Cultures Collide: Multi-Traditional Weddings

When the bride and groom hail from different backgrounds, a planning balancing act ensues. Here are two weddings that incorporate Hindu culture with style.



When Megan Thomas imagined her wedding day, she did not envision the extravagance that would come from marrying someone of Indian-American heritage.

“My vision for my wedding was always very simplistic,” Megan says.

Instead, her wedding to Pranay Vaddi featured a Mehndi Party, two ceremonies and a groom’s procession on a white horse.

Megan and Pranay’s festivities began the night before the wedding when Megan and her bridesmaids received Henna tattoos on their feet as part of an Indian pre-marriage ritual called a Mehndi ceremony.

Hair and makeup preparations for Megan and Pranay’s two ceremonies and a reception at Sen. John Heinz History Center began at 6 a.m. the following day, Sept. 6, 2014.

Next on the agenda was the couple’s non-denominational American ceremony, giving Megan the chance to wear a traditional white dress and walk down the aisle with her father.

After lunch, guests attended a Hindu ceremony to honor Pranay’s Indian heritage. Megan wore a red saree, the traditional garb of an Indian bride. Pranay arrived atop a white horse to the sound of a traditional Indian dhol drum, fulfilling the Indian groom’s procession called the baraat.

“The Indian culture has so much color and so much music, so it was just kind of a big party,” Megan says.

She says the Hindu ceremony was more interactive than the intimate Western ceremony. The bride and groom’s families stood with them on the wedding mandap, a Hindu wedding structure, and participated in parts of the ceremony. Guests sprinkled rice on the couple’s heads while giving their blessings as a sign of luck. At the reception, Megan and Pranay offered both Indian and American food and played a mixture of each culture’s music.

“The guests overall had so much fun, especially the guests on my end because it wasn’t something they were used to,” Megan says.

Megan and Pranay had to compromise through scheduling in order to accommodate both family’s wishes on their wedding day, but Megan says she has no regrets about the way her multi-traditional wedding turned out.

“The biggest thing that we struggled with was time,” she says. But they were able to fit both ceremonies into one day to honor each culture and please everyone.

“It just would have been a disservice to one of us to pretend we didn’t come from different backgrounds,” she says.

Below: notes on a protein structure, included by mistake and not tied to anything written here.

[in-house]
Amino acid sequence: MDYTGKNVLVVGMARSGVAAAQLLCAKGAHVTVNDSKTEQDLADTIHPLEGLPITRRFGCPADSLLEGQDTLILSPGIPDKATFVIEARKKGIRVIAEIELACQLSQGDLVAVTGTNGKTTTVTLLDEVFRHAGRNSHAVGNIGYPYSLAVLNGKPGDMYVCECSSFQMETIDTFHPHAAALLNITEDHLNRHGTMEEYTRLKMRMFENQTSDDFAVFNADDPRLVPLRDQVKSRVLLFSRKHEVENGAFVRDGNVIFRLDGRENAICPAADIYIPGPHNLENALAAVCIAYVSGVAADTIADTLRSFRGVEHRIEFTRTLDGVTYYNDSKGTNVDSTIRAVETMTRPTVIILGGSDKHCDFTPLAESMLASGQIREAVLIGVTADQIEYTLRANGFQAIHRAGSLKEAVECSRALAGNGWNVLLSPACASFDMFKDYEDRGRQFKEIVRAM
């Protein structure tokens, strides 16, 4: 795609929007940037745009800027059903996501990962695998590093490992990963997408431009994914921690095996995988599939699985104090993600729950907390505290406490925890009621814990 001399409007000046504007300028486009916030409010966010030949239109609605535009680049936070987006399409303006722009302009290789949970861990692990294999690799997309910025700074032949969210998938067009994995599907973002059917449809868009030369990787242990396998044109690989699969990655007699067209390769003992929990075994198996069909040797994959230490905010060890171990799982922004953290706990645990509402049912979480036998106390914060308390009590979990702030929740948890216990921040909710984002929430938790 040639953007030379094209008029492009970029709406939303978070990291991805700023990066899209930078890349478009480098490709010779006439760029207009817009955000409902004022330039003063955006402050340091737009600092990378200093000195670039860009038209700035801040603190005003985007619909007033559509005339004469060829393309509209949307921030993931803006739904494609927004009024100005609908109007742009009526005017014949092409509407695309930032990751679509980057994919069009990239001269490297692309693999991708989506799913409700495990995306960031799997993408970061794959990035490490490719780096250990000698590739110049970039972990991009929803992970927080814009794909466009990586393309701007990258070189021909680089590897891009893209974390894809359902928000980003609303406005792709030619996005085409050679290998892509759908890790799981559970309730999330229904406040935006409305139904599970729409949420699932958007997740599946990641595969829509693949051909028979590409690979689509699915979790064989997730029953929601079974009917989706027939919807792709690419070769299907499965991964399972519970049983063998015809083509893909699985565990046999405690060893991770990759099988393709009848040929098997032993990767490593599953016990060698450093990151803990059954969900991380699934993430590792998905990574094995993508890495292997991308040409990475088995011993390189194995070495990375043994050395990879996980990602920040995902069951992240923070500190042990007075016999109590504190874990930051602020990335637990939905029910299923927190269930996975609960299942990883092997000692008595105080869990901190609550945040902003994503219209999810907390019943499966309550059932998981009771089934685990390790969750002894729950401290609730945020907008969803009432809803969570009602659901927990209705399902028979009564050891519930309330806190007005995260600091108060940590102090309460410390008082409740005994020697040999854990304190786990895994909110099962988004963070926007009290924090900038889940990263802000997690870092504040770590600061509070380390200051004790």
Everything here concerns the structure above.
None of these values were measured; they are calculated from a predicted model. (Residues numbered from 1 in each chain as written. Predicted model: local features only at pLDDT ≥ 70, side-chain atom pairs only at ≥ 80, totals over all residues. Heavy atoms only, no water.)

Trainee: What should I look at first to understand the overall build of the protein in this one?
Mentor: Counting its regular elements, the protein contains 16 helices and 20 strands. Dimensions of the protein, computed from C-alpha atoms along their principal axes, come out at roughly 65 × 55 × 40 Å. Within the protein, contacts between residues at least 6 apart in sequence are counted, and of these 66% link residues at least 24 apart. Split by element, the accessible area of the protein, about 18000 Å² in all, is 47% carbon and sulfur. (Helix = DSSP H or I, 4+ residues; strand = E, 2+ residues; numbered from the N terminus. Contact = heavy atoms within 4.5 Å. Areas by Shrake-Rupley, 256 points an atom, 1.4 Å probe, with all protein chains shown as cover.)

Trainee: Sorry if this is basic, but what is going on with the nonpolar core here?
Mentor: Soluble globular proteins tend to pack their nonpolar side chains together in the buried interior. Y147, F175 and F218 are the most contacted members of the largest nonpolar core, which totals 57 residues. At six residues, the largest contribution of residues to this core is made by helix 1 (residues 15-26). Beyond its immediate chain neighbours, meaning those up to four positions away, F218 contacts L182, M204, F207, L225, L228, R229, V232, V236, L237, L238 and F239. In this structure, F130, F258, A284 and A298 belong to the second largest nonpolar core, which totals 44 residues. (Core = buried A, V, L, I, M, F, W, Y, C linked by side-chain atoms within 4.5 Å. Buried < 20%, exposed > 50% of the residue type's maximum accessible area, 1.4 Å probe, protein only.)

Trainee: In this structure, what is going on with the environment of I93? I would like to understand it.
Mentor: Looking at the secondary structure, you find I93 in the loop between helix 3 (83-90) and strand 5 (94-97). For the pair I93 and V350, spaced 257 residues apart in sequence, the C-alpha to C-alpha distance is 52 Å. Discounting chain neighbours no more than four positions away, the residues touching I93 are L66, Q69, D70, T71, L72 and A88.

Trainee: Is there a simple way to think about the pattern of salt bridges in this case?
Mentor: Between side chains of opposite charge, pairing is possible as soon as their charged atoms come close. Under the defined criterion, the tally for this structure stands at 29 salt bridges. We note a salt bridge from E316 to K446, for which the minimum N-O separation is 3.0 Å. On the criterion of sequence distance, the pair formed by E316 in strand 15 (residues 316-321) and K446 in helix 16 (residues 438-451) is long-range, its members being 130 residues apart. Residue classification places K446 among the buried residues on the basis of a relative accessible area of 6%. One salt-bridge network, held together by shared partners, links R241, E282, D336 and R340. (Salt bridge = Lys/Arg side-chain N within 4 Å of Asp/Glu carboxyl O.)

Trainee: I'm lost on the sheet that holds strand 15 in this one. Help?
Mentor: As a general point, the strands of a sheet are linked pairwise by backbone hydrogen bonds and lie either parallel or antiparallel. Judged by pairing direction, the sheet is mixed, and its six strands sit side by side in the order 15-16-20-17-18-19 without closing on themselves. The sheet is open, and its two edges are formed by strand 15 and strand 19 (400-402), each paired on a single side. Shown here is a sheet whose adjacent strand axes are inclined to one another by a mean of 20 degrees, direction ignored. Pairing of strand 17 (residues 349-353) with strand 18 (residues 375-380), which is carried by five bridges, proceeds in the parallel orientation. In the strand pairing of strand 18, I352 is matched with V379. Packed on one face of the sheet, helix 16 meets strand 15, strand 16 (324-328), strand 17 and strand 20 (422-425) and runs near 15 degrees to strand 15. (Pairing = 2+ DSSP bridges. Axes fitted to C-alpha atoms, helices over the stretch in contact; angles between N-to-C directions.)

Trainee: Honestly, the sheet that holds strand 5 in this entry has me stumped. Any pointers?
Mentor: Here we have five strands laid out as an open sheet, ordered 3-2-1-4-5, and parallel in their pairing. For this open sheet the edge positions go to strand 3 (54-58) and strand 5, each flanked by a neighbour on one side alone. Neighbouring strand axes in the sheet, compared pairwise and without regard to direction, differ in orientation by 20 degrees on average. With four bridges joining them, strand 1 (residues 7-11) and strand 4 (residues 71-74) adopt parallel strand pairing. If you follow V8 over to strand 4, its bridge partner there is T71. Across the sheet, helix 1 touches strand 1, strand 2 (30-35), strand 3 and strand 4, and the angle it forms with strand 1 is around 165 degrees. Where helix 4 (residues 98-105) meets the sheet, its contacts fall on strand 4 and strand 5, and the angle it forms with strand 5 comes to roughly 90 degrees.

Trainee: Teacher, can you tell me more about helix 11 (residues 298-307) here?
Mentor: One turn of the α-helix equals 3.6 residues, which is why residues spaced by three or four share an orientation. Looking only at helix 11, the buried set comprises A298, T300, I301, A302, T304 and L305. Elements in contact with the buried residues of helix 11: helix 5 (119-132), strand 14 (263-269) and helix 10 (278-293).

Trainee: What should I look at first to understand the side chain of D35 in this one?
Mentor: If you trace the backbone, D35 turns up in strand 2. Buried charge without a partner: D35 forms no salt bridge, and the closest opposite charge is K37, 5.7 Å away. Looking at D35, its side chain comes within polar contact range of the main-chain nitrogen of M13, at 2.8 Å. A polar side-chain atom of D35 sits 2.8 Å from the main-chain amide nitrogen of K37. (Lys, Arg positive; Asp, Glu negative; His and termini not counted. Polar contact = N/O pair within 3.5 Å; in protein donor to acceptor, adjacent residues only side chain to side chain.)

Erin Calvimontes, owner of Divine Celebrations, specializes in weddings that marry two cultures. She says that understanding is an integral factor in a successful fusion wedding.

“Hire a planner [who’s] familiar with both cultures … and if [you] don’t hire a planner, sit down and really try to understand where each family is coming from,” she encourages.

She says that incorporating both the bride and groom’s cultures into a wedding helps to bring their families together.

“It truly is a blending of families, and it makes both cultures feel comfortable on a very special day in the [bride and groom’s] lives,” she says.


Annaliese Cole and Bhanu Trehan chose to fuse the bride’s western Pennsylvania German roots and the groom’s Indian-American culture for their Nov. 1, 2014, nuptials at the Twentieth Century Club in Oakland. Annaliese says that maintaining communication was the key to pulling together a successful event. They were able to balance each family’s desires and create an event that showcased both cultures.

“In the end, we both had a very shared vision,” she says.

Bhanu is a wedding DJ, and he often DJs Indian weddings with Annaliese’s help. The couple had a lot of material to draw from for their own fusion wedding.

The night before the ceremony, they celebrated with a Mehndi Dinner, blending the traditions of a rehearsal dinner and a Mehndi party.

The women in Annaliese’s family enjoyed getting their Henna done because it lasted several weeks and they were able to show it off after the wedding.

According to Annaliese, guests arrived at her and Bhanu’s event with an open mind.

“[Their reaction] was very positive. I think everybody that came to the wedding was expecting something they weren’t familiar with,” she says.

Bhanu also participated in a traditional baraat, he but opted to arrive in a classic car instead of a white horse.

Their ceremony incorporated both Christian and Hindu traditions. Annaliese’s minister and Bhanu’s spiritual 17-year-old brother officiated together. The couple participated in the Indian custom of Var Mala, a garland ceremony that confirms that the bride and groom are choosing to marry each other.

“It’s equivalent to the point in a Christian ceremony when you say, ‘Yes, I want to marry this person,’” Annaliese says. 

At the reception, guests were served a mix of American and Indian fare. The playlist included Bollywood music, traditional American wedding songs and even a couple of polka dances as a nod to Annaliese’s German heritage.


Categories: Beyond the Cookie Table